Local Woman on Quest for the 2015 Iditarod

Local Woman on Quest for the 2015 Iditarod

Local Woman on Quest for the 2015 Iditarod

Manchester’s Gwenn Bogart, co-founder of Casting for Recovery, has set her sights on competing in Alaska’s Ididarod Race.

Manchester’s Gwenn Bogart, co-founder of Casting for Recovery,
has set her sights on competing in Alaska’s Ididarod Race.

Vermont-native and longstanding Manchester resident Gwenn Wisell Perkins Bogart has completed her second qualifying race in her journey to the 2015 Iditarod. Bogart, co-founder of Casting for Recovery and a member of the local school board for four years, is currently a resident of Wasilla, Alaska. Bogart hopes to become the first Vermont native to compete in this legendary race.

The Copper Basin 300 sled dog race starts and finishes in the Interior Alaska community of Glennallen. It was won by Allen Moore, of Two Rivers, Alaska, who achieved his fifth Copper Basin victory and is the winningest musher in this race’s history. The sled dog race drew a mix of racers from Alaska as well as Russia, Sweden and Australia.

“The Copper Basin 300 has the reputation of being the toughest 300-mile sled dog race in Alaska,” said Bogart. “The organization even uses this as their tag line, and veteran mushers say that if you can complete the Copper Basin, you can do the Iditarod. If I could not finish this race, I knew my dreams and goals of participating in the Iditarod were not realistic,” said Bogart. “Not only do I now have a 300-mile qualifier under my belt, but I also have the Copper Basin experience to prove to myself that I have what it takes be a part of Iditarod 2015,” she enthused. Bogart has spent two years training and competing to qualify in the Iditarod, which attracts the most famous names in dog mushing, who contend in a race against time and extreme arctic conditions, on a trail of more than 1,000 miles over some of the most remote and severe wilderness terrain in the nation.

Televised around the globe, the Iditarod is the most popular sporting event in Alaska; it is committed to traditional culture and the preservation of this historical race that traces its roots to the most famous event in Alaskan mushing. The Great Race of Mercy was the 1925 dog-relay run from Seward to Nome, to deliver serum in a diphtheria epidemic. Today, the race travels from Anchorage to Nome and attracts world-wide press and sponsorship from the world’s top brands.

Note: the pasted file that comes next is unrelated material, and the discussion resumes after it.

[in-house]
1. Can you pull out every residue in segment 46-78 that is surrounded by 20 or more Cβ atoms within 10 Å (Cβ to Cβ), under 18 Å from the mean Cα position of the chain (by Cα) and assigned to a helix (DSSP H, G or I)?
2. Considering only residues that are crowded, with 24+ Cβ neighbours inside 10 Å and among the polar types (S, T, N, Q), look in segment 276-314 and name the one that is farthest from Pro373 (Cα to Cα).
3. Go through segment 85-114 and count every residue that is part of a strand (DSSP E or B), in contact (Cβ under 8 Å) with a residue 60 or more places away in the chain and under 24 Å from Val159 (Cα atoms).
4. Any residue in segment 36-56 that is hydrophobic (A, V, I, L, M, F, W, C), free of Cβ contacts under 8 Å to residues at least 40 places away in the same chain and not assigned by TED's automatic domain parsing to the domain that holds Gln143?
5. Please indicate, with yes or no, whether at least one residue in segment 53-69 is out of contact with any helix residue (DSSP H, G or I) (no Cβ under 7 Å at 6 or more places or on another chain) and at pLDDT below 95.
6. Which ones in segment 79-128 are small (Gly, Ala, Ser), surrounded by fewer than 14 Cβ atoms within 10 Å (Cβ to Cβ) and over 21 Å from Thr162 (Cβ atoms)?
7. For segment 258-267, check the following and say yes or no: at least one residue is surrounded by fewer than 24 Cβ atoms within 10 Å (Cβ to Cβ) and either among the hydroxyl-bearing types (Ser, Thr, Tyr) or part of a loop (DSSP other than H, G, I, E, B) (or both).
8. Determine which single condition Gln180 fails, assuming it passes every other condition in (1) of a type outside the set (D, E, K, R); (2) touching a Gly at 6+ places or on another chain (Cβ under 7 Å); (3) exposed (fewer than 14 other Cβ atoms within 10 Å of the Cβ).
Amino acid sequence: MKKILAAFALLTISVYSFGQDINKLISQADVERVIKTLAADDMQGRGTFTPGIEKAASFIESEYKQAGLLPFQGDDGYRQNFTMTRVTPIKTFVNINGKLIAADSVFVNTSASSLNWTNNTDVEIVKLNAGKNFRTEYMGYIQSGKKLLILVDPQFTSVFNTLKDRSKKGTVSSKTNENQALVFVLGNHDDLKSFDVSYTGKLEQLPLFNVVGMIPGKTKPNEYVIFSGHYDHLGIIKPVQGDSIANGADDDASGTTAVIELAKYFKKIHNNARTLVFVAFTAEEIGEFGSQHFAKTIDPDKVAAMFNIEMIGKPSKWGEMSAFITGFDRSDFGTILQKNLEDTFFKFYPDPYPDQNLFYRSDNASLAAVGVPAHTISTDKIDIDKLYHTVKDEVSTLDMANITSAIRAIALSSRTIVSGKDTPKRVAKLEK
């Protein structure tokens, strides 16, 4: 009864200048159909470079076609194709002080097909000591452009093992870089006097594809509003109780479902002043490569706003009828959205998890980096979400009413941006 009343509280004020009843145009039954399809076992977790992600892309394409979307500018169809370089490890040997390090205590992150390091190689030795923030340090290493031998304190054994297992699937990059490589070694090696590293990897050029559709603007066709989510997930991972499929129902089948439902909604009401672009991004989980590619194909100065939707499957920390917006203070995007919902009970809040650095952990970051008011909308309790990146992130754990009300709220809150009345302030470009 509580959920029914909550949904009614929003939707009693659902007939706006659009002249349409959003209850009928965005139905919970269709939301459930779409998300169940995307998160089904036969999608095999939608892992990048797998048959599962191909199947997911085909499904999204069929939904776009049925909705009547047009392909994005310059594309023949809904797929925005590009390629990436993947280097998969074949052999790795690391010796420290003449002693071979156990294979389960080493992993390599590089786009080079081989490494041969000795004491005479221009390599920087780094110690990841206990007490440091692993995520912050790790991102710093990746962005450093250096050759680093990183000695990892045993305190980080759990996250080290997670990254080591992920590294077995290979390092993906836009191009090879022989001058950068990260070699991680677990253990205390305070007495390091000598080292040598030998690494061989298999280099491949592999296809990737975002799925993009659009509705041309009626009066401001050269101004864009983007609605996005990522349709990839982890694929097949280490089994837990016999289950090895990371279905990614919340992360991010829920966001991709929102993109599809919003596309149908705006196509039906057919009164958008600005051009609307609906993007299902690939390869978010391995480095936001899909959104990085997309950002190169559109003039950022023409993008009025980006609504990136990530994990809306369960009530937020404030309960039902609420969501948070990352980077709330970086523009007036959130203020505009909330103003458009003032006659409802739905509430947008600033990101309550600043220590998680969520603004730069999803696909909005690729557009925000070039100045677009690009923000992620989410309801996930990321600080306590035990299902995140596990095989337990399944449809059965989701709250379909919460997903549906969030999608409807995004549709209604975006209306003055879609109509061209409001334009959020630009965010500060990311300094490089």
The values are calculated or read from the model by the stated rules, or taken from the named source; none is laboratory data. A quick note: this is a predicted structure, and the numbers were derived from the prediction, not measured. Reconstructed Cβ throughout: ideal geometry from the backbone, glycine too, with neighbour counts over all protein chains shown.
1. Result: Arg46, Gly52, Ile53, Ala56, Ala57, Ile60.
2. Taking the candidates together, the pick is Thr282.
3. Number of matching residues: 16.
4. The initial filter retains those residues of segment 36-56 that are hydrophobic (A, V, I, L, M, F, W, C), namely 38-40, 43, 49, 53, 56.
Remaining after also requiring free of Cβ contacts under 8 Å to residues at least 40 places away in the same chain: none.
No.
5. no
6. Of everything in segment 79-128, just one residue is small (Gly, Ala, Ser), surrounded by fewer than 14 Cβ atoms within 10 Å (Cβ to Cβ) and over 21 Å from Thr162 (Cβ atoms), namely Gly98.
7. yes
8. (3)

Following her professional careers in horsemanship and fly fishing, Bogart co-founded Casting for Recovery (CFR) a breast cancer support group headquartered in Manchester, Vt. that uses fly fishing for mental and physical healing. Bogart is raising awareness and support for CFR during her races.  “I am looking forward to sharing mushing stories with friends when I travel back to my hometown of Manchester, for my Iditarod fund raiser on March 22,” said Bogart,. The event will be held at the Eagles Aerie 2551 in Manchester, and will include a silent auction, music, food and a raffle drawing. Help put Bogart and Manchester in the spotlight, and take a chance on winning a trip to Alaska for two, by purchasing a raffle ticket. The winner will fly to Alaska for fishing in Bristol Bay; bear-viewing in Katmai National Park; a backcountry adventure tour; a tour of Iditarod Champion Martin Buser’s kennel; and site-seeing tours via float plane, with a value of over $10,000. Tickets are $20 each, five for $90, and are on sale at the Northshire Bookstore, the Eagles Club 2551, the Reel Angler; Mach’s Store, the Wells Store, H.N. Williams, Chem Clean and the Wayside Store, or online at gwennsmushpuppies.com.


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